It’s been the better part of a decade now since Microsoft got religion about the security of its products, following the release of Bill Gates’s famous Trustworthy Computing memo. In that time, the reliability, security and resiliency of the company’s products has improved greatly, as has Microsoft’s standing in the security community.
In that same time period, Apple has taken almost no public stance on security and has fallen farther and farther behind Microsoft, Mozilla and other software suppliers on application protections. And yet the company’s market share, popularity and brand image continue to climb.
So the question that many customers, security researchers and other observers are asking is: What will it take for Apple to pay attention to security?
The short answer is that there is really no pressing reason for Apple to take security more seriously. The main driver behind Microsoft’s huge shift was demand from its enterprise customers. When Fortune 500 customers are complaining loudly and publicly about the
security of your products, that tends to get some attention, and usually at the highest levels. That’s what drove the creation of Service Pack 2 for Windows XP, put a hold on the development process for some major releases while security training took priority and spurred the hiring of a number of top security minds in Redmond.
And Apple doesn’t have any of that pressure. The company’s share of the enterprise IT market is miniscule. It is far more concerned with the consumer business, especially the youth segment that sees Apple products such as iPhones, MacBooks and iPods as fashion accessories. That customer base wants more colors, more storage capacity and more games. It is not screaming about the absence of memory protections in OS X and Safari.
But security researchers are, and the hits are starting to pile up for Apple. At the SOURCE Boston and CanSecWest conferences this month, Dino Dai Zovi gave presentations that demonstrated the relative ease with which attackers could compromise Macs, thanks to the lack of security mechanisms in OS X. Dai Zovi likened the security model in Apple applications to that of software from 1999, lacking memory protections such as ASLR, DEP and others.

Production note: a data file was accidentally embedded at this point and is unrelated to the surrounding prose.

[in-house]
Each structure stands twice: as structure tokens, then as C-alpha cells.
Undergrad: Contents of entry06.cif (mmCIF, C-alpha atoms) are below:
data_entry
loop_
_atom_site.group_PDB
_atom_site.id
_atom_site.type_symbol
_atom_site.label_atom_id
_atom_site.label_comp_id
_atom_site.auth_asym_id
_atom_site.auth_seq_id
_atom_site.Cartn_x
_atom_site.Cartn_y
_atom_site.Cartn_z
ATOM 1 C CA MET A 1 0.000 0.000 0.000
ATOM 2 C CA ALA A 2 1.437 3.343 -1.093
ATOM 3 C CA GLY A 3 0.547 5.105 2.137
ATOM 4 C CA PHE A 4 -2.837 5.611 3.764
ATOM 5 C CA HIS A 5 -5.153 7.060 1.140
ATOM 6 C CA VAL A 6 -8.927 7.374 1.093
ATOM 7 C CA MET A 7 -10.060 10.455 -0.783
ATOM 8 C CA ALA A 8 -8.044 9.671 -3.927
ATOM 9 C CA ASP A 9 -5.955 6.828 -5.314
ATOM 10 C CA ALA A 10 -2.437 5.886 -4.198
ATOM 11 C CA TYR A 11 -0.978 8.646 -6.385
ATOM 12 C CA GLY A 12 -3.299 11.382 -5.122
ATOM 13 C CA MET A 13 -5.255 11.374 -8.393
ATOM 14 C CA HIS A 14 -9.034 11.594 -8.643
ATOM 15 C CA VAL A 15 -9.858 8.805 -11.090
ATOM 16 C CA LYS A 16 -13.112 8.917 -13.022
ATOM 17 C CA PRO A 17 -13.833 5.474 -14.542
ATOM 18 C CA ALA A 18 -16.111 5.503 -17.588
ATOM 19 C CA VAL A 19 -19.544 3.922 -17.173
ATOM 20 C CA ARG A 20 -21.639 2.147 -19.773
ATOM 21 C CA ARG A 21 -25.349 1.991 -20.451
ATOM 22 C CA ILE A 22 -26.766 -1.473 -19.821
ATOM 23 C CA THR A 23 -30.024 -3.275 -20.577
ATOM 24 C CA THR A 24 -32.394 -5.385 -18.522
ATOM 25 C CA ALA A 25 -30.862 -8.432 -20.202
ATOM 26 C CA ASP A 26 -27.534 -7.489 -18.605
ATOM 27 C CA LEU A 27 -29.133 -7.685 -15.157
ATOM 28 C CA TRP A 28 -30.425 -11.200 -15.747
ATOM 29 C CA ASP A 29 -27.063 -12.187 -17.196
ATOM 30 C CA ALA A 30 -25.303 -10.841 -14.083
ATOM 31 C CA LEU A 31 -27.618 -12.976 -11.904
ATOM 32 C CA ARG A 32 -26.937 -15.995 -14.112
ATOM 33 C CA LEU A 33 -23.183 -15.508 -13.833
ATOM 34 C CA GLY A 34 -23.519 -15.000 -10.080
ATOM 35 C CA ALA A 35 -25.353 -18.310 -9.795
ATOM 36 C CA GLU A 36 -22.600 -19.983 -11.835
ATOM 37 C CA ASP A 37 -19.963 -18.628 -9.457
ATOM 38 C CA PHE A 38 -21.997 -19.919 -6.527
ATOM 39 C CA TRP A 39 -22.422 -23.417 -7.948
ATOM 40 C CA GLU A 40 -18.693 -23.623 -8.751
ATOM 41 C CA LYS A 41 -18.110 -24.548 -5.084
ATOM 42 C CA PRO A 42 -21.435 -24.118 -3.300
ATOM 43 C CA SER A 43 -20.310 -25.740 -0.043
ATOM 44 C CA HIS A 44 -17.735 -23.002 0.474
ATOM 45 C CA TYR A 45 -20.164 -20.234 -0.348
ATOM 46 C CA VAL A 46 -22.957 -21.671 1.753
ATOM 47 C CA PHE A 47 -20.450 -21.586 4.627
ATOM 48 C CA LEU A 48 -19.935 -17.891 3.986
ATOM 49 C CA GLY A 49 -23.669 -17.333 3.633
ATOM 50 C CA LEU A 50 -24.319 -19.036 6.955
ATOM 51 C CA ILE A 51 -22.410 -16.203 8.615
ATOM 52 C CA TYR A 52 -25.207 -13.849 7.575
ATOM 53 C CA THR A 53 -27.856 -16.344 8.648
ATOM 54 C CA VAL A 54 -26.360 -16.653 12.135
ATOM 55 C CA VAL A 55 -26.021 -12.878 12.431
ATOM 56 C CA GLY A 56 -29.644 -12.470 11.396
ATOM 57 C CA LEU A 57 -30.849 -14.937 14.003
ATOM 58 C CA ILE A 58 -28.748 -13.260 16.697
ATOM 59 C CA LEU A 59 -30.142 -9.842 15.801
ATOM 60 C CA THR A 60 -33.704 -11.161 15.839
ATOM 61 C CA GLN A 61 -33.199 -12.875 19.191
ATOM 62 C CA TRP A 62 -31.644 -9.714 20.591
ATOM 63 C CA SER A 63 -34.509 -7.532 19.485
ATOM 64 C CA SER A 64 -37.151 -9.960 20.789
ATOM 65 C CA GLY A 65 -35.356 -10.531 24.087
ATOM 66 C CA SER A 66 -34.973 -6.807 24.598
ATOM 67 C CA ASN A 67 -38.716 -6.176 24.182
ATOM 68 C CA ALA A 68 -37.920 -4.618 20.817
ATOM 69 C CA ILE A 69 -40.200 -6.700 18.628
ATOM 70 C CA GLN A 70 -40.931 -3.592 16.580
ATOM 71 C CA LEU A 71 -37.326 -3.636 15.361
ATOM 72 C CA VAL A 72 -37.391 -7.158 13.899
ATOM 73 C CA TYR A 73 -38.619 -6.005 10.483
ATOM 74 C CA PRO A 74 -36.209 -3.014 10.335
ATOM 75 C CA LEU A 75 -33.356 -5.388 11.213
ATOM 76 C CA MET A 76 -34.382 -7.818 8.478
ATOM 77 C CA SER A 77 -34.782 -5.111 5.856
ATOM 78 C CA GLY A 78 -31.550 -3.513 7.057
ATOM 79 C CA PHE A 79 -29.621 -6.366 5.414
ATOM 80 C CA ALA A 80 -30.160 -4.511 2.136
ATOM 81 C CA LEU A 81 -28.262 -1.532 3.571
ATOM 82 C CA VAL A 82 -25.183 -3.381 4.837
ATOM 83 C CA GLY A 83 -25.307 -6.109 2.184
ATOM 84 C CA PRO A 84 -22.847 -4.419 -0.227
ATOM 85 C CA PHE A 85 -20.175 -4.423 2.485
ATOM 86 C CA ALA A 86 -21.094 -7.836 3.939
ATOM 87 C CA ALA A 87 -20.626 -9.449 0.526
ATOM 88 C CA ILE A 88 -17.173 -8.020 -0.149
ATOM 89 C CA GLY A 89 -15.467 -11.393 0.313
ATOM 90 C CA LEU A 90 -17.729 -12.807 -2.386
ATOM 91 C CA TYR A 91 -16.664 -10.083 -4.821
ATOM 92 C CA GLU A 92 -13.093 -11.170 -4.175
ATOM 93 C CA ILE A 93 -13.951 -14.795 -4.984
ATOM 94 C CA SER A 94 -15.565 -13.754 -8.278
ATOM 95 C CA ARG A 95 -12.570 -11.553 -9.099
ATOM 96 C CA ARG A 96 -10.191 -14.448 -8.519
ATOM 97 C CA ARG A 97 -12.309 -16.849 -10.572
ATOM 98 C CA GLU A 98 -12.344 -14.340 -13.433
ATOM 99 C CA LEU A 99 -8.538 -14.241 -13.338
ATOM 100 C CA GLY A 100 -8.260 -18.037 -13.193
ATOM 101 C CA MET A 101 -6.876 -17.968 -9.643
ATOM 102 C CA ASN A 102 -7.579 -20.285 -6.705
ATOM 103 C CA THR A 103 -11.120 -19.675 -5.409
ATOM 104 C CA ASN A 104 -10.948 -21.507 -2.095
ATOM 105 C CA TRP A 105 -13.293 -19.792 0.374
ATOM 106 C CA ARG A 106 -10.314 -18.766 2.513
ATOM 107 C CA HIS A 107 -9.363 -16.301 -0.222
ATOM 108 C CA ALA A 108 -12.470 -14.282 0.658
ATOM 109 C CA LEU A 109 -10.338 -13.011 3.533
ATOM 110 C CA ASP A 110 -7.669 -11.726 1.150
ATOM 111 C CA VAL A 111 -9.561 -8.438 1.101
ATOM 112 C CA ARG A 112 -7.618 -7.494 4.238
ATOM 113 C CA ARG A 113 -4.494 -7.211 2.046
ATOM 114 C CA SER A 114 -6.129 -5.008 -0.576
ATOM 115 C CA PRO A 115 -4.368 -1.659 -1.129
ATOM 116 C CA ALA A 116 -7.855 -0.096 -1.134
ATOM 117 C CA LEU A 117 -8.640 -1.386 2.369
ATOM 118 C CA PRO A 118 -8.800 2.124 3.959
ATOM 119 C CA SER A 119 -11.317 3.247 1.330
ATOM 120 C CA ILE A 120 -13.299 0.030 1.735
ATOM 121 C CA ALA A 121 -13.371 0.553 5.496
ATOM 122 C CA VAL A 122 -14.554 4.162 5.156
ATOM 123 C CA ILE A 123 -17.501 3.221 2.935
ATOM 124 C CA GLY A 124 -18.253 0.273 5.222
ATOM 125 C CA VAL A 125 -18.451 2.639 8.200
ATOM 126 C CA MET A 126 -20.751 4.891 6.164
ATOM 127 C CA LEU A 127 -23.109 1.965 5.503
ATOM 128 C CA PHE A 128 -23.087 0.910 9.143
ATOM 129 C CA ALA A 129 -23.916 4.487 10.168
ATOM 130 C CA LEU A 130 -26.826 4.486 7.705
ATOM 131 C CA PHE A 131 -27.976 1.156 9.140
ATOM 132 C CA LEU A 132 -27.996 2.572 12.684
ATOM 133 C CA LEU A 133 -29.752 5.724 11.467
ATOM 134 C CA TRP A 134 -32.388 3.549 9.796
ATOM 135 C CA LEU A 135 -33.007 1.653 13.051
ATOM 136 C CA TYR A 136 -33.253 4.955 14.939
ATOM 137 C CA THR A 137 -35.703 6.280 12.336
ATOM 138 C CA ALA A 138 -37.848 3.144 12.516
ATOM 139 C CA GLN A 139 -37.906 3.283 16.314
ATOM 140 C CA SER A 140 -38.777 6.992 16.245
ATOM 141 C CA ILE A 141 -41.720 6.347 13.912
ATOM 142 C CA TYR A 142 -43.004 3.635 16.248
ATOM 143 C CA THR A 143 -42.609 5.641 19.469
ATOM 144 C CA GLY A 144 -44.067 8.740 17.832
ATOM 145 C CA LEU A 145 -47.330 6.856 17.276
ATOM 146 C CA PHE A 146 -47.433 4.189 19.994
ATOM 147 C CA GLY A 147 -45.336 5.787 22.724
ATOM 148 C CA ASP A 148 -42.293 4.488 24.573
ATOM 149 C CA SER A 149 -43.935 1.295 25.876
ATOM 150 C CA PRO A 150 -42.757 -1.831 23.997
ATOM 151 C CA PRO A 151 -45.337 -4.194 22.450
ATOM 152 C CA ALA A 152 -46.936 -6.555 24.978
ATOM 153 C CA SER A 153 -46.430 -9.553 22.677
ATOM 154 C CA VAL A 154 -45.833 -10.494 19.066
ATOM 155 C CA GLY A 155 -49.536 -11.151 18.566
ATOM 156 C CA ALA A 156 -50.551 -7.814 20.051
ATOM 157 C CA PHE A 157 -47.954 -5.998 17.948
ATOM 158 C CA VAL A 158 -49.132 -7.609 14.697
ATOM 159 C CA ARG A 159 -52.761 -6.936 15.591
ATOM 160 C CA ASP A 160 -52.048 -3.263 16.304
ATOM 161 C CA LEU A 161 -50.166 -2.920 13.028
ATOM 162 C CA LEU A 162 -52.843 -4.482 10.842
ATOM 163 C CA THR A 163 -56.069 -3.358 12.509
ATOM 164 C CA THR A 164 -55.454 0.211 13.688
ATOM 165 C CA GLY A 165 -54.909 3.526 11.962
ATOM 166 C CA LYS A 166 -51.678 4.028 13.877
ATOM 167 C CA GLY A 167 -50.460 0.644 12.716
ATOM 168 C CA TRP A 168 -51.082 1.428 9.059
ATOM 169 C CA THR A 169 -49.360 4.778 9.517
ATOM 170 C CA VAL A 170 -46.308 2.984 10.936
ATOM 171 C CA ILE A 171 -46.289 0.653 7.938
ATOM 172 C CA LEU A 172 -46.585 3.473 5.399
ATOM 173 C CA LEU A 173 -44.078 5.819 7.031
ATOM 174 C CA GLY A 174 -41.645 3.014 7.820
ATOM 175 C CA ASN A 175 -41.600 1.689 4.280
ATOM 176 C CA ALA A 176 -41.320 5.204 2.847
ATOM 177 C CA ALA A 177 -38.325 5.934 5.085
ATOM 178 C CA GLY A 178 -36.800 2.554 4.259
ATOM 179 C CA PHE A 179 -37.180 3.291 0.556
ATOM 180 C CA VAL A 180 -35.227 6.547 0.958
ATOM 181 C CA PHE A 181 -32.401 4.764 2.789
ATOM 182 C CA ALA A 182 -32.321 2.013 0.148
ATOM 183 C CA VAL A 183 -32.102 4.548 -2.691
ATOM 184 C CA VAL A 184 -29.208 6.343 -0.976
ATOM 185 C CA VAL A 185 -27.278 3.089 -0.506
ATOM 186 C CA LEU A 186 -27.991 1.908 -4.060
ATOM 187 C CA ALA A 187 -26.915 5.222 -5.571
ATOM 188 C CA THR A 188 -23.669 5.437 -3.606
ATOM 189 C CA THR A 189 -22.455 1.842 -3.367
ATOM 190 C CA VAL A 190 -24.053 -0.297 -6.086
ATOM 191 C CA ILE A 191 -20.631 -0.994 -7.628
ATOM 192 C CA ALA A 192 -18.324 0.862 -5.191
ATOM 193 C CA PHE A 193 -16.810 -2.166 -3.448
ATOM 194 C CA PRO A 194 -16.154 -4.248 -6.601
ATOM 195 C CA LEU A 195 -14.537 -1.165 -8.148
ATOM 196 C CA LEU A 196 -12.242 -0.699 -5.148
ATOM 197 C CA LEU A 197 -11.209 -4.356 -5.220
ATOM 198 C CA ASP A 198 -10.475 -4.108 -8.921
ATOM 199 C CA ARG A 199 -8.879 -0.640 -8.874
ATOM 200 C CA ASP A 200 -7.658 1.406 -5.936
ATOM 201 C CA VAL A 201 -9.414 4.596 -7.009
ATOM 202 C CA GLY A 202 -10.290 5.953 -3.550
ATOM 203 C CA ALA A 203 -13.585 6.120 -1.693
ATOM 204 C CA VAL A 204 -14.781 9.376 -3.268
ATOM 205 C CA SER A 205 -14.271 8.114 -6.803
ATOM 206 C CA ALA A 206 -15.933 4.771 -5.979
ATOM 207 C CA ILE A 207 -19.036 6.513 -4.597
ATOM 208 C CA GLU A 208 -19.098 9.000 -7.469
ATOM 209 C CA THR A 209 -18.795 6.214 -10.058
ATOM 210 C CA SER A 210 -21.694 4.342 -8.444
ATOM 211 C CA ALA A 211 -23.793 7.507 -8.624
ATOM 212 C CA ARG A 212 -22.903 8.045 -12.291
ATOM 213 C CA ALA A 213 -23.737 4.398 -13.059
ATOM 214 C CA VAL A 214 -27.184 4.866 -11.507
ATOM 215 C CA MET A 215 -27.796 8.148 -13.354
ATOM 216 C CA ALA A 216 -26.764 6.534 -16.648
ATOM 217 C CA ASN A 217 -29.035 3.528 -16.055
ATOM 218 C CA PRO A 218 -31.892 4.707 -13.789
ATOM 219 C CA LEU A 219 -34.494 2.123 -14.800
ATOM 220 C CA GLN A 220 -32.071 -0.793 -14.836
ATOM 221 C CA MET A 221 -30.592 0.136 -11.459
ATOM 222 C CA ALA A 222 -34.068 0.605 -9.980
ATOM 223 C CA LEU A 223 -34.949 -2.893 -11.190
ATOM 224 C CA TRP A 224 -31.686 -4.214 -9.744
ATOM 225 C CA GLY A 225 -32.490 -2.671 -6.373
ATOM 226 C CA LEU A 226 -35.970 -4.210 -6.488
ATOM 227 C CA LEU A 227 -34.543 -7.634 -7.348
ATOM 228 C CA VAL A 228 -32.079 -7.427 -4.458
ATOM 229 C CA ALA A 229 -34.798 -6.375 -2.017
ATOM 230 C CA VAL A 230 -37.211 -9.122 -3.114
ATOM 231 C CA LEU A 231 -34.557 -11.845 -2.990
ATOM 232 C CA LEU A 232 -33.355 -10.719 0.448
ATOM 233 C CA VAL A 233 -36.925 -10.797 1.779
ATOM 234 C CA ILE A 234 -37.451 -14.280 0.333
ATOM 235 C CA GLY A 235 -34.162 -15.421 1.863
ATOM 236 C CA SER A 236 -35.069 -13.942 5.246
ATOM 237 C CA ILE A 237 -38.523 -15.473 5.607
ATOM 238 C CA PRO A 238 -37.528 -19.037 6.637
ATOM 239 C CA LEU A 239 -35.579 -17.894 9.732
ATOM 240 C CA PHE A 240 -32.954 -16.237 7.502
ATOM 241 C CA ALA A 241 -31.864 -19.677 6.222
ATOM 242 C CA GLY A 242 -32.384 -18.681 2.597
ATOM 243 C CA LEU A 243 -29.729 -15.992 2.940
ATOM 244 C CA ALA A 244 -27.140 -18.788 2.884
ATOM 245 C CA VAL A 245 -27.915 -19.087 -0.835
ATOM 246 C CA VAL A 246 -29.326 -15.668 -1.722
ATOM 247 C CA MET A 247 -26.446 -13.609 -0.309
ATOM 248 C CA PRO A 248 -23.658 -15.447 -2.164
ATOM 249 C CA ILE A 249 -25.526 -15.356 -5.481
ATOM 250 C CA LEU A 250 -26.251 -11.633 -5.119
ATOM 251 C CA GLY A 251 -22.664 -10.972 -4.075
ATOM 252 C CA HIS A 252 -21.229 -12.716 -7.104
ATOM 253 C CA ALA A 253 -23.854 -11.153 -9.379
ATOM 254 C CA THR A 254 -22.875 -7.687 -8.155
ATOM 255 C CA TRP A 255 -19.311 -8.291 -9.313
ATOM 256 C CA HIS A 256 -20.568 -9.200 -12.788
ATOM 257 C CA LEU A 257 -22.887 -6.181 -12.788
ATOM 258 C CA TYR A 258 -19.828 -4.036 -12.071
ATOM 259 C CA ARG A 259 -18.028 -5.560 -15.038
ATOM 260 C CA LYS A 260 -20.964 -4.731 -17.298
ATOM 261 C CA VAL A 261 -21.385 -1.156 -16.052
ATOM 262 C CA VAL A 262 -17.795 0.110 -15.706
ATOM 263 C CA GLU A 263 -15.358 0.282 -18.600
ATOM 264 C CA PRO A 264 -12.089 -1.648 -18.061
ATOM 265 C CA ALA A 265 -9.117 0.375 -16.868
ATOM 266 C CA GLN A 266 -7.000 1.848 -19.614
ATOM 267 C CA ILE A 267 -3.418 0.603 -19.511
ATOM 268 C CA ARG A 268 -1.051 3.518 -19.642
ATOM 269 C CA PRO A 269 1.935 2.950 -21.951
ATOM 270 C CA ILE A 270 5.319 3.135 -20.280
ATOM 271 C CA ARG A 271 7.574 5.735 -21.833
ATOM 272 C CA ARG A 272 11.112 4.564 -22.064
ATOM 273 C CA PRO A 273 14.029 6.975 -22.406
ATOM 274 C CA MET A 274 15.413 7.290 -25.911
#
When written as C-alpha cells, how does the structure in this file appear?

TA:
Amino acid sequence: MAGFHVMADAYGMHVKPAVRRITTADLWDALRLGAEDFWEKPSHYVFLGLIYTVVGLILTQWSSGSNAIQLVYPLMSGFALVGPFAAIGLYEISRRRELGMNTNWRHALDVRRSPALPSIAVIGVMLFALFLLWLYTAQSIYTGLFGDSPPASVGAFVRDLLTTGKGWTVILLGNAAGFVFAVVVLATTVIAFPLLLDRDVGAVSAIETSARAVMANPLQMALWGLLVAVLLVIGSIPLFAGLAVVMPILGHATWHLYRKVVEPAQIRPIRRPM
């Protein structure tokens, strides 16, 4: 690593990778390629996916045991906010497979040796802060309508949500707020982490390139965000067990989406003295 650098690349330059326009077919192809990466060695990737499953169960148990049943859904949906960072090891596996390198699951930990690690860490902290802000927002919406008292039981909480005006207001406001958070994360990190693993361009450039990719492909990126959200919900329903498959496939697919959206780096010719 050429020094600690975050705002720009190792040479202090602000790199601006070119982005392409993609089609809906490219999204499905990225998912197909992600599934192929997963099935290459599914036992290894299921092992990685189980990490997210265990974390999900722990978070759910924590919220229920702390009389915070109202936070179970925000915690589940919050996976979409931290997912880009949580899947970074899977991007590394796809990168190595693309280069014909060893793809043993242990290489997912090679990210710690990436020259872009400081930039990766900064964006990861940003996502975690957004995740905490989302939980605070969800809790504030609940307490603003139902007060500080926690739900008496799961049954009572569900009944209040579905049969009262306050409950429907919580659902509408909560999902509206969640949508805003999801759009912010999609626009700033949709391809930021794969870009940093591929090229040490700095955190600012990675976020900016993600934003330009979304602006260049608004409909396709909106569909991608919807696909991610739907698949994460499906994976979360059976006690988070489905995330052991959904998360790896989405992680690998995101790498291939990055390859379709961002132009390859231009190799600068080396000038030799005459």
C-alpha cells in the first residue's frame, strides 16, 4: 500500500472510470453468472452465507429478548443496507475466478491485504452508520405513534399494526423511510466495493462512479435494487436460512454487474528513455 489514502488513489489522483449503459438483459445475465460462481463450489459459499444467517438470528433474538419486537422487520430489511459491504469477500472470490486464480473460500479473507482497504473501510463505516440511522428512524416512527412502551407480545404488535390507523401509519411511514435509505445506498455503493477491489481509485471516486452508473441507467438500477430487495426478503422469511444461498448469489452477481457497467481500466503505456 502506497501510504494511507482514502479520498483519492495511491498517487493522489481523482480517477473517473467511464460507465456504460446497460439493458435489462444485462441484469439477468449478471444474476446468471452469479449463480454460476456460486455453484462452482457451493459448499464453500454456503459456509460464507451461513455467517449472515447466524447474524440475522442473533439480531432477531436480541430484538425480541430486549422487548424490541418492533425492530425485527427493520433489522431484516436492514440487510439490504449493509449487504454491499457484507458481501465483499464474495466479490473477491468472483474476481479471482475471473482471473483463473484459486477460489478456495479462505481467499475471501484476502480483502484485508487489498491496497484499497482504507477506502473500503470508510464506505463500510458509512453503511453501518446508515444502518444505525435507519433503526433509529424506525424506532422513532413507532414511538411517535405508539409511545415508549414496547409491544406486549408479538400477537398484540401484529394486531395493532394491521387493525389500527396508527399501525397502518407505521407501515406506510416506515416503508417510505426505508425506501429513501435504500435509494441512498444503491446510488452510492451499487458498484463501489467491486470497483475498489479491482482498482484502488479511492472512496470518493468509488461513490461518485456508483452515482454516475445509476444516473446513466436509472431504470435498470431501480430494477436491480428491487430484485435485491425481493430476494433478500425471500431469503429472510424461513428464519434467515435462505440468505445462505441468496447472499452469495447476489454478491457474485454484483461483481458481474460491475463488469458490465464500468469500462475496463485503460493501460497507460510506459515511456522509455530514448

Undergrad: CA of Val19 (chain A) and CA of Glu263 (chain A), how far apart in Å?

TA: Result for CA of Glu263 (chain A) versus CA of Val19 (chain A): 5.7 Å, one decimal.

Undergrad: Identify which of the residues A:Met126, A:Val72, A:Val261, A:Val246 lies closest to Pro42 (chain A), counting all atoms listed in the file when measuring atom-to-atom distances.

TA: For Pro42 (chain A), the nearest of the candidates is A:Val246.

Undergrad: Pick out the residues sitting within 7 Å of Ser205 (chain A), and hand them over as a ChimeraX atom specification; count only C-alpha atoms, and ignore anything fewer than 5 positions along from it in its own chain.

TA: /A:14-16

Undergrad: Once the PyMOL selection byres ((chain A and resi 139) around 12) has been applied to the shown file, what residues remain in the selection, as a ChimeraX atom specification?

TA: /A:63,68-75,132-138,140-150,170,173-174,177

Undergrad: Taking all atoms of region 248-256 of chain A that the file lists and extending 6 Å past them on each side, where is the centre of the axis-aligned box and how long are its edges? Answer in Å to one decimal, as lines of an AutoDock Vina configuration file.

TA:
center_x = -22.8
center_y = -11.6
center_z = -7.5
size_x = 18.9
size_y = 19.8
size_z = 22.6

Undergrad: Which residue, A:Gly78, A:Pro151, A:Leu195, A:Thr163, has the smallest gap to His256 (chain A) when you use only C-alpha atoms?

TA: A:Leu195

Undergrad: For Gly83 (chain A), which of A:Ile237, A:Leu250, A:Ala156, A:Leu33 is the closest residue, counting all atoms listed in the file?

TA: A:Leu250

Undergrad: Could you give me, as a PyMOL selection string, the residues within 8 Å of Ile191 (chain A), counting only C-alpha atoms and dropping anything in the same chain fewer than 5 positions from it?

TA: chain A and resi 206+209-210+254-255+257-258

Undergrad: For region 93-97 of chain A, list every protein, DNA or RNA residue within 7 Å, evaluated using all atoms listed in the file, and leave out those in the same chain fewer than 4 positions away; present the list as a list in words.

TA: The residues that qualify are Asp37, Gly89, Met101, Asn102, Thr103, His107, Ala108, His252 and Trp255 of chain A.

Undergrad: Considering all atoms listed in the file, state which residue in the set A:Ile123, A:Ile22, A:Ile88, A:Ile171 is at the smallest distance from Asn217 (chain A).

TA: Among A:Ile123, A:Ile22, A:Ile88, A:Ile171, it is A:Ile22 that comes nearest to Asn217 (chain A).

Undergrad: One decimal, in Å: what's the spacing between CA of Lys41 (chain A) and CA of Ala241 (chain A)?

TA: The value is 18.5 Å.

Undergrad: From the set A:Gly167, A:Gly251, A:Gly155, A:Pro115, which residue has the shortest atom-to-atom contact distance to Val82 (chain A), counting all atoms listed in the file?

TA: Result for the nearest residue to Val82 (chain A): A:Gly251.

Also at CanSecWest, Charlie Miller (above) of Independent Security Evaluators was able to compromise a fully patched MacBook Air in less than a minute through the use of a Safari exploit that he’d had in hand for more than a year. When he was asked by my colleague Ryan Naraine why he went after Safari to win Pwn2Own instead of Internet Explorer 8, Firefox or Chrome, Miller had an easy answer.
“It’s really simple. Safari on the Mac is easier to exploit. The things that Windows do to make it harder (for an exploit to work), Macs don’t do. Hacking into Macs is so much easier. You don’t have to jump through hoops and deal with all the anti-exploit mitigations you’d find in Windows,” Miller told my colleague Ryan Naraine. It’s more about the operating system than the (target) program. Firefox on Mac is pretty easy too. The underlying OS doesn’t have anti-exploit stuff built into it.”
Those are the kinds of things we used to hear from researchers about Windows and IE five or six years ago. And Microsoft ignored security in favor of features and functionality for a long time, until it became untenable for them to do so. Apple is in the same position right now, but without the pressure from customers, it’s hard to see a motivation for them to change.
* Photo credit: Garrett Gee’s Flickr photostream (Creative Commons).